Welcome to “Jen’s Blog,” a Moving Traditions blog about the 6th and 7th grade Rosh Hodesh curriculum.
A blog about a curriculum? you ask. What does that mean?
At Moving Traditions we’re developing a lot of new material at the moment: on sexuality, the b’nai mitzvah experience, for trans youth, and a rebooted Rosh Hodesh: It’s a Girl Thing! curriculum. Curriculum writing and program development takes time. With that in mind, this blog is here to give you all some new and exciting material NOW!
We know from conversations and internal evaluation that many Group Leaders find themselves wanting to adapt the curriculum for their groups. We want to help you in that process.
As an experienced educator and as the primary curriculum writer for the Rosh Hodesh Rebooted curriculum currently being piloted in select locations, I have the expertise and the experience to help. Last year, when I was leading a 6th grade group of girls in Philadelphia, I went through a time intensive process before each group meeting. I looked at the month’s curriculum – Heshvan for example – in the Lev year, then compared it to Heshvan in the Ruach and Kol years. Then I thought about how current events related to the month’s theme, and considered the particular interests and personalities of the girls in my group. Finally, I transformed all of that thinking into notes for my Rosh Hodesh meeting.
In this blog, I will share what I did with my 6th grade Rosh Hodesh group, along with notes on how I adapted the current Rosh Hodesh curriculum to meet the group’s needs. I will also, in real time, share materials I create for my group as we enter the 7th grade year this year.
Who am I?
Along with being a Rosh Hodesh: It’s a Girl Thing! group leader, I am also the Curriculum Specialist at Moving Traditions’ national office in Jenkintown, PA. A little more background on me: I completed a Master’s degree in Education at the University of Pennsylvania where my research focused on teen identity development in out-of-school settings. Outside of Rosh Hodesh, I have experience leading after-school programs for teens as well as specialized classes focused on art, poetry, and mindfulness.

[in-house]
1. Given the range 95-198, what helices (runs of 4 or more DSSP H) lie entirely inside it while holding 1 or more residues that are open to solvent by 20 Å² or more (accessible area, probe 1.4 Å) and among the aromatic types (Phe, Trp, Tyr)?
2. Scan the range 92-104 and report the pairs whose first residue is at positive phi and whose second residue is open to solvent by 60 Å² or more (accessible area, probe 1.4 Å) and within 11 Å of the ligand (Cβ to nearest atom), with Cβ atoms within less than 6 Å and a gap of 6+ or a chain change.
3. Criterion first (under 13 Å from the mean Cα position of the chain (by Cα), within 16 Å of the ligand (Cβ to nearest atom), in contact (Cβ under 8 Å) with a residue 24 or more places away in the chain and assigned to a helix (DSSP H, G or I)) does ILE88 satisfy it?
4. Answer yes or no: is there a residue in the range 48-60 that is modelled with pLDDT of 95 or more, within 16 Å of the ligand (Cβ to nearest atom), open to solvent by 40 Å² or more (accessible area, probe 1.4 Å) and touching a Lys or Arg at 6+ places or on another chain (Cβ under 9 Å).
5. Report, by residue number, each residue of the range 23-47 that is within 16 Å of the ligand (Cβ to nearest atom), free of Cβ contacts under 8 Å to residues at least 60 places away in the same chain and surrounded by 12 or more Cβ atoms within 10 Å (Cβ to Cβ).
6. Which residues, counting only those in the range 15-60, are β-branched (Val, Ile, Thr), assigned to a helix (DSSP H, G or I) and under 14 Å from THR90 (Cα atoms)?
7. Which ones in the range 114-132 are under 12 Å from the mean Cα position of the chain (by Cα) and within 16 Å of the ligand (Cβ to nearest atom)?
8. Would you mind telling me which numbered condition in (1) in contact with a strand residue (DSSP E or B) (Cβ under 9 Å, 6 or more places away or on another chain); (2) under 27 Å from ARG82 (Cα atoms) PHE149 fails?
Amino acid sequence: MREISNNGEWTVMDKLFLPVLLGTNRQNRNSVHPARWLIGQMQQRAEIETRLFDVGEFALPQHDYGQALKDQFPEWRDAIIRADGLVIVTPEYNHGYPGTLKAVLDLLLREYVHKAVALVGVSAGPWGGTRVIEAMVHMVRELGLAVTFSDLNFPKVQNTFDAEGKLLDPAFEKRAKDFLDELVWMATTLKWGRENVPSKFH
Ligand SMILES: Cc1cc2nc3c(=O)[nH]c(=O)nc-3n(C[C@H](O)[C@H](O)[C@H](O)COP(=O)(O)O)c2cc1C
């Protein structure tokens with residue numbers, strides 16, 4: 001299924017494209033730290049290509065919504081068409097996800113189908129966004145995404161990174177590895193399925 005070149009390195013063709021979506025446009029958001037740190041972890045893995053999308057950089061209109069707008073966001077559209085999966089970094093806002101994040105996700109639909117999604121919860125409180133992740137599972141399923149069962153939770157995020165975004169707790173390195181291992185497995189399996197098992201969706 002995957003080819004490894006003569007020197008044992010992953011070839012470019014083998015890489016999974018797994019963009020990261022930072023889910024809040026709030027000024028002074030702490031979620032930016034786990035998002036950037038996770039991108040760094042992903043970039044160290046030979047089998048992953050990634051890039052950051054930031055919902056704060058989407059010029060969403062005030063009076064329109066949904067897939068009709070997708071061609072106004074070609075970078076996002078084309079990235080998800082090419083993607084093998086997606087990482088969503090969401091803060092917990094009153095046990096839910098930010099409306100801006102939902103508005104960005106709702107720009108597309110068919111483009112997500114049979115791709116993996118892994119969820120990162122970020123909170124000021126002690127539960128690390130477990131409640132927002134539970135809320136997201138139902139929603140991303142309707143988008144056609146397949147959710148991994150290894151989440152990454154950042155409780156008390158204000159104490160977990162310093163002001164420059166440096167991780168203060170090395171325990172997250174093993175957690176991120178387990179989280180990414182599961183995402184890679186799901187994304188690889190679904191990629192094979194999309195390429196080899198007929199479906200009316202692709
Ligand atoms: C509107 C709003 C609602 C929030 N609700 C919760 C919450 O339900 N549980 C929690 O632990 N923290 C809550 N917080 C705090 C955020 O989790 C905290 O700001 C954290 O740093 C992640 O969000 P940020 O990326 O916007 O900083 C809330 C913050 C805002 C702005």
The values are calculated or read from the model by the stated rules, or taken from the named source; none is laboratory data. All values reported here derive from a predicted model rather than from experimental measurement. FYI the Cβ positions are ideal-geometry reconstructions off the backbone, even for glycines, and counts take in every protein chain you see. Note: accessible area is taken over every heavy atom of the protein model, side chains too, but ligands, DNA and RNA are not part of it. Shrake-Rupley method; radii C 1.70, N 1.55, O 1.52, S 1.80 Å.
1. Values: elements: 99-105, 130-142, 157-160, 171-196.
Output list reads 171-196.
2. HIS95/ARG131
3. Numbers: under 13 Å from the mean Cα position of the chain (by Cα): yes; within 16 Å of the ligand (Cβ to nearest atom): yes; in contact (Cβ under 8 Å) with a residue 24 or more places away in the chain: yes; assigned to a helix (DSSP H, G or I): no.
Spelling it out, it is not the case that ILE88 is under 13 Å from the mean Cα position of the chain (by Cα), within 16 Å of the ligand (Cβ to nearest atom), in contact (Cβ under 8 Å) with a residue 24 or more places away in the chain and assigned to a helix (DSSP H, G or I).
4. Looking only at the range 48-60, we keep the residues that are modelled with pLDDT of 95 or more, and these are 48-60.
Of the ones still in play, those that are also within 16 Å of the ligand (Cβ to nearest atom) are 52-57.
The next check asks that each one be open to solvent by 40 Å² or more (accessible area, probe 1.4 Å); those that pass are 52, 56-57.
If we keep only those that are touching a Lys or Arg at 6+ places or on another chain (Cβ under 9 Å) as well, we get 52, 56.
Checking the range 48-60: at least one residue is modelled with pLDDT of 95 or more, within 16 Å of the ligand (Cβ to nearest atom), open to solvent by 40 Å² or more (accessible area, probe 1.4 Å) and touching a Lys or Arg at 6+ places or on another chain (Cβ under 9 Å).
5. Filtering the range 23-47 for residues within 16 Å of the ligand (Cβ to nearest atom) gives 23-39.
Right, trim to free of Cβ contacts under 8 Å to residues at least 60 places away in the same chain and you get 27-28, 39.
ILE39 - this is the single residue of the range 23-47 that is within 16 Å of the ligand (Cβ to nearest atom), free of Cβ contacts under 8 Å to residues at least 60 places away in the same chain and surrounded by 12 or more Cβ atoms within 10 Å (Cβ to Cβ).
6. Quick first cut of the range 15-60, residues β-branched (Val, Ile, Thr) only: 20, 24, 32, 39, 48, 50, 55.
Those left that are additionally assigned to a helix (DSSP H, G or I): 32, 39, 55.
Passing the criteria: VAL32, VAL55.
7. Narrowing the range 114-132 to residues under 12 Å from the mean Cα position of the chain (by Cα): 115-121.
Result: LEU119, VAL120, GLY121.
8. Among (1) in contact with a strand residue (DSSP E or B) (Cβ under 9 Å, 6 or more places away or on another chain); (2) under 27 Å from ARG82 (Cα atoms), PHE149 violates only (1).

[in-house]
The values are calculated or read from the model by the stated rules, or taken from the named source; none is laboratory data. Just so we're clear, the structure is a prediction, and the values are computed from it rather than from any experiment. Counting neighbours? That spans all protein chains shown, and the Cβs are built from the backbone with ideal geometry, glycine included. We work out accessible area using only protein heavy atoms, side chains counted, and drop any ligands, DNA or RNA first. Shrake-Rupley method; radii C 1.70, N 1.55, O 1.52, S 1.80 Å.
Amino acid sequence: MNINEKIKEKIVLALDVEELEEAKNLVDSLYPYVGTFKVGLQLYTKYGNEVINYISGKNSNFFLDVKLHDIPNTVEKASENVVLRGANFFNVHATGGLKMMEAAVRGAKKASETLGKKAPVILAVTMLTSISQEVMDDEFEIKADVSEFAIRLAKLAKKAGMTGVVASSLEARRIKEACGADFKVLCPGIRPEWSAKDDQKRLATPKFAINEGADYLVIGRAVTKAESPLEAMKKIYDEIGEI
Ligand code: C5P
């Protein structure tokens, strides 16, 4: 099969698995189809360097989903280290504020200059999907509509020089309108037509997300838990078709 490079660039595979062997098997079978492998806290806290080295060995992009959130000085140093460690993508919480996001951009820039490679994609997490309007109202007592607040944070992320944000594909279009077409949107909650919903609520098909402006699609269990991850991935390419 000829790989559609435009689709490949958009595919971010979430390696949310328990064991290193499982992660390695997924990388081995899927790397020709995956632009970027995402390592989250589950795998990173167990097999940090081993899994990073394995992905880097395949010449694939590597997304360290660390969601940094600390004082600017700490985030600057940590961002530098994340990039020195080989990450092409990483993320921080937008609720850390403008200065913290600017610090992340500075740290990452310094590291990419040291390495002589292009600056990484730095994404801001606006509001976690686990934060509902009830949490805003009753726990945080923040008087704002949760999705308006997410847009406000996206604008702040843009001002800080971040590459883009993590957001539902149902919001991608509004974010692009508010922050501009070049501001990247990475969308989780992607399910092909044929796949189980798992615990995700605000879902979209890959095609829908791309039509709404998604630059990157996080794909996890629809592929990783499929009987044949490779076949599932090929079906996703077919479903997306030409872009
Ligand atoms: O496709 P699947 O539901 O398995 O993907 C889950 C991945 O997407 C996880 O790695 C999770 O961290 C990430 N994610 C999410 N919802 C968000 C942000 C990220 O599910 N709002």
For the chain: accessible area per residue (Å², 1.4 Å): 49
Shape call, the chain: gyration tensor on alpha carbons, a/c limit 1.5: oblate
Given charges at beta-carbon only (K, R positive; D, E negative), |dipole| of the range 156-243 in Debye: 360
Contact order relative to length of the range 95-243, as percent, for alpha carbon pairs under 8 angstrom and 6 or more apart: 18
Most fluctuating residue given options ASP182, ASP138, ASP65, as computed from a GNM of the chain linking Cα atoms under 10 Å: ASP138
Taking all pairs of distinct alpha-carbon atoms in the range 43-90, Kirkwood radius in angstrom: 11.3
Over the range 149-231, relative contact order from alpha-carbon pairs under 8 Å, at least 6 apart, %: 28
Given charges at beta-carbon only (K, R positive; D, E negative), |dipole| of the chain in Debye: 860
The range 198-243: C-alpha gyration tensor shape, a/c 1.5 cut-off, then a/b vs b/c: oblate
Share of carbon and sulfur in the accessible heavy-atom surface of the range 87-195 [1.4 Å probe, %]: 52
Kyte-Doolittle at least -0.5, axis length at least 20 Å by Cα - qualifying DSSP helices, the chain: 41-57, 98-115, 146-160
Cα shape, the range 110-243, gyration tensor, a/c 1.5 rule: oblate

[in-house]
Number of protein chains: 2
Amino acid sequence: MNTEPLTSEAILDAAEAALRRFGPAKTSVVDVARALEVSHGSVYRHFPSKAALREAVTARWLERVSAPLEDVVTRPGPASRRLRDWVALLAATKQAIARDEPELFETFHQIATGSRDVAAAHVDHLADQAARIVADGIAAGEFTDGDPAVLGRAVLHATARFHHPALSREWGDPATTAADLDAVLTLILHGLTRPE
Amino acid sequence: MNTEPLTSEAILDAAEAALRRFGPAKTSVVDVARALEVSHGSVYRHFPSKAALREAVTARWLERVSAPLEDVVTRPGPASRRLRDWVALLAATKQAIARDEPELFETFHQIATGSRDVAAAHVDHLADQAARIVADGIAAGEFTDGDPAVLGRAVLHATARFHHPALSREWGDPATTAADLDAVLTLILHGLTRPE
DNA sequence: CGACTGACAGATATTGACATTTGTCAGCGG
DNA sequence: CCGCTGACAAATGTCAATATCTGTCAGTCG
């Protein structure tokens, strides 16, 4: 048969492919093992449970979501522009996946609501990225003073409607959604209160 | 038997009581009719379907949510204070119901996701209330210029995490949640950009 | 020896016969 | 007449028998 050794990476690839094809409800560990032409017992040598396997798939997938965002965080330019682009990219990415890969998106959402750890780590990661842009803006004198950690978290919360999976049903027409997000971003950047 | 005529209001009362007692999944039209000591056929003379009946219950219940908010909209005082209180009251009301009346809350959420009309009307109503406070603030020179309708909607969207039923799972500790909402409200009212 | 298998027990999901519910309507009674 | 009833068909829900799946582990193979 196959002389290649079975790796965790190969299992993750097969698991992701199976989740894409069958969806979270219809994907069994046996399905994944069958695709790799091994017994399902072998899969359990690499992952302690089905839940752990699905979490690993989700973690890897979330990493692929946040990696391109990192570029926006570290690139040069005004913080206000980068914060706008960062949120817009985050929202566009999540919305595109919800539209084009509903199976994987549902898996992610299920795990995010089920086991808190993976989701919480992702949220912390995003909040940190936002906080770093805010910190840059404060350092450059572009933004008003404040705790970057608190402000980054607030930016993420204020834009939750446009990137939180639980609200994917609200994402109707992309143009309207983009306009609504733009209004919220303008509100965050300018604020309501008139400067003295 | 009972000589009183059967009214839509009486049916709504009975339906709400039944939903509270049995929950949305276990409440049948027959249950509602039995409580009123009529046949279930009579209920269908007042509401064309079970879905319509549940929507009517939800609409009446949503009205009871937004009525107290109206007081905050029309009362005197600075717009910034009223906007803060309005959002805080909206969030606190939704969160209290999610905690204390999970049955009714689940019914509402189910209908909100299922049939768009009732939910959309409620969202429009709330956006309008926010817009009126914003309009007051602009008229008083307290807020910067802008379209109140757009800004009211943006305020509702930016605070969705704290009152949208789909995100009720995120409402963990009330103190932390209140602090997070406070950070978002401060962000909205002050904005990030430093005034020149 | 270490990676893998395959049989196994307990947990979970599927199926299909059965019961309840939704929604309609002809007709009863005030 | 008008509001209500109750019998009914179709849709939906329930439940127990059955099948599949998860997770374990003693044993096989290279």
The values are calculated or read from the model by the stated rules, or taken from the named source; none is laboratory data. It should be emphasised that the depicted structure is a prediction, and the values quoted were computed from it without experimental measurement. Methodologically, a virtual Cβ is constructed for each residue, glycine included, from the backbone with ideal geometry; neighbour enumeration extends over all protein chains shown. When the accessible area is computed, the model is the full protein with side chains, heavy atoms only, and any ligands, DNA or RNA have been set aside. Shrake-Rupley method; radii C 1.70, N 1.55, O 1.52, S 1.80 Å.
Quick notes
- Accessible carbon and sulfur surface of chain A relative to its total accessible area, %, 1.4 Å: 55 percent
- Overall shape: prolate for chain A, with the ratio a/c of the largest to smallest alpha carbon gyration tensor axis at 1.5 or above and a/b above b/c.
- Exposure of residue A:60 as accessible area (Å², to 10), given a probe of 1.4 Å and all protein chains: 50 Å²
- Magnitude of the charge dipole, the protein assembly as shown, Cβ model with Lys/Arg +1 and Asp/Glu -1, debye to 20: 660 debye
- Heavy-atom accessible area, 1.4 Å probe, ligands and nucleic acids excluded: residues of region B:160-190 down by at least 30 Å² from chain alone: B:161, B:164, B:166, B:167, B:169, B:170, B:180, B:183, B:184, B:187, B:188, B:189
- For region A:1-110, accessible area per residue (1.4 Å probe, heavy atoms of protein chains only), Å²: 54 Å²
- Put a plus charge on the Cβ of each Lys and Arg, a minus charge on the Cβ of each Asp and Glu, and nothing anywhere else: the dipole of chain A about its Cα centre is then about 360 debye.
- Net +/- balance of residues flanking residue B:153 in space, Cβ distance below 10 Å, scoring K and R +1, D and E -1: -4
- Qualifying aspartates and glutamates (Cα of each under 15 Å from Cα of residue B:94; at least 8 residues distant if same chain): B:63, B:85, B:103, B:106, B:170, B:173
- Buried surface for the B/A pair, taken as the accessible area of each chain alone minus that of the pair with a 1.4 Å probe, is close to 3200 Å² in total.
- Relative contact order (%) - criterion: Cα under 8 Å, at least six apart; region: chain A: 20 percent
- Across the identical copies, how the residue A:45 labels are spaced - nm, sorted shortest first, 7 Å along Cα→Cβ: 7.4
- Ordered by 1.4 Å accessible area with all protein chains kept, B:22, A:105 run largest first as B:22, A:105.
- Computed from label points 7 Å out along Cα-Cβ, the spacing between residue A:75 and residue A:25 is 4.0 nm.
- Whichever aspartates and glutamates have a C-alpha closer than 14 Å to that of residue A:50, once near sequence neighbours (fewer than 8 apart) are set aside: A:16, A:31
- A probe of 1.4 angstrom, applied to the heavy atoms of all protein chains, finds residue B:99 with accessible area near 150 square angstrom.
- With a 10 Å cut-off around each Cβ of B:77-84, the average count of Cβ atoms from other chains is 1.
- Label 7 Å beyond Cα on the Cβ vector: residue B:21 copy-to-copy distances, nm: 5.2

What’s your role?
The goal is for this blog to be interactive, to not only be a place where I share content, but where you feel welcome to respond to the content I share. I’d love to hear feedback about what you used, what you changed, and how it went.
But is what I did applicable to your group?
I acknowledge that my group of girls with Ashkenazi, upper-middle class backgrounds, while not unusual in the context of Rosh Hodesh: It’s a Girl Thing!, is not representative of all groups. Your group might be located on the West Coast, you might have Black or Asian or Hispanic Jewish group members, you might have wide social economic status differences among your group members, or your group may be culturally similar to mine but your girls’ personalities and interests might be very different from my girls’. This is all to say that there are so many reasons why a certain activity or topic may vary in effectiveness from one group to another. And your feedback will help other group leaders as they make decisions about how to adapt material for their groups.
Think of this like a recipe blog: I suggest using 2 cups of sugar, you feel 1.5 is sufficient. You share that in the comments under the recipe and everyone making the recipe who prefers not-too-sweet baked goods benefits from your comment. In the context of this blog, perhaps you will comment that you added an extra active icebreaker to your meeting because your group was looking antsy. Or maybe you added a conversation about the US election because you know your group enjoys talking about politics.
Finally, I hope to publish guest posts along the way. If you feel you led a particularly engaging meeting, send your gathering plan notes, along with a few sentences about how you created the material to me at firstname.lastname@example.org.
Categories: Jen’s Blog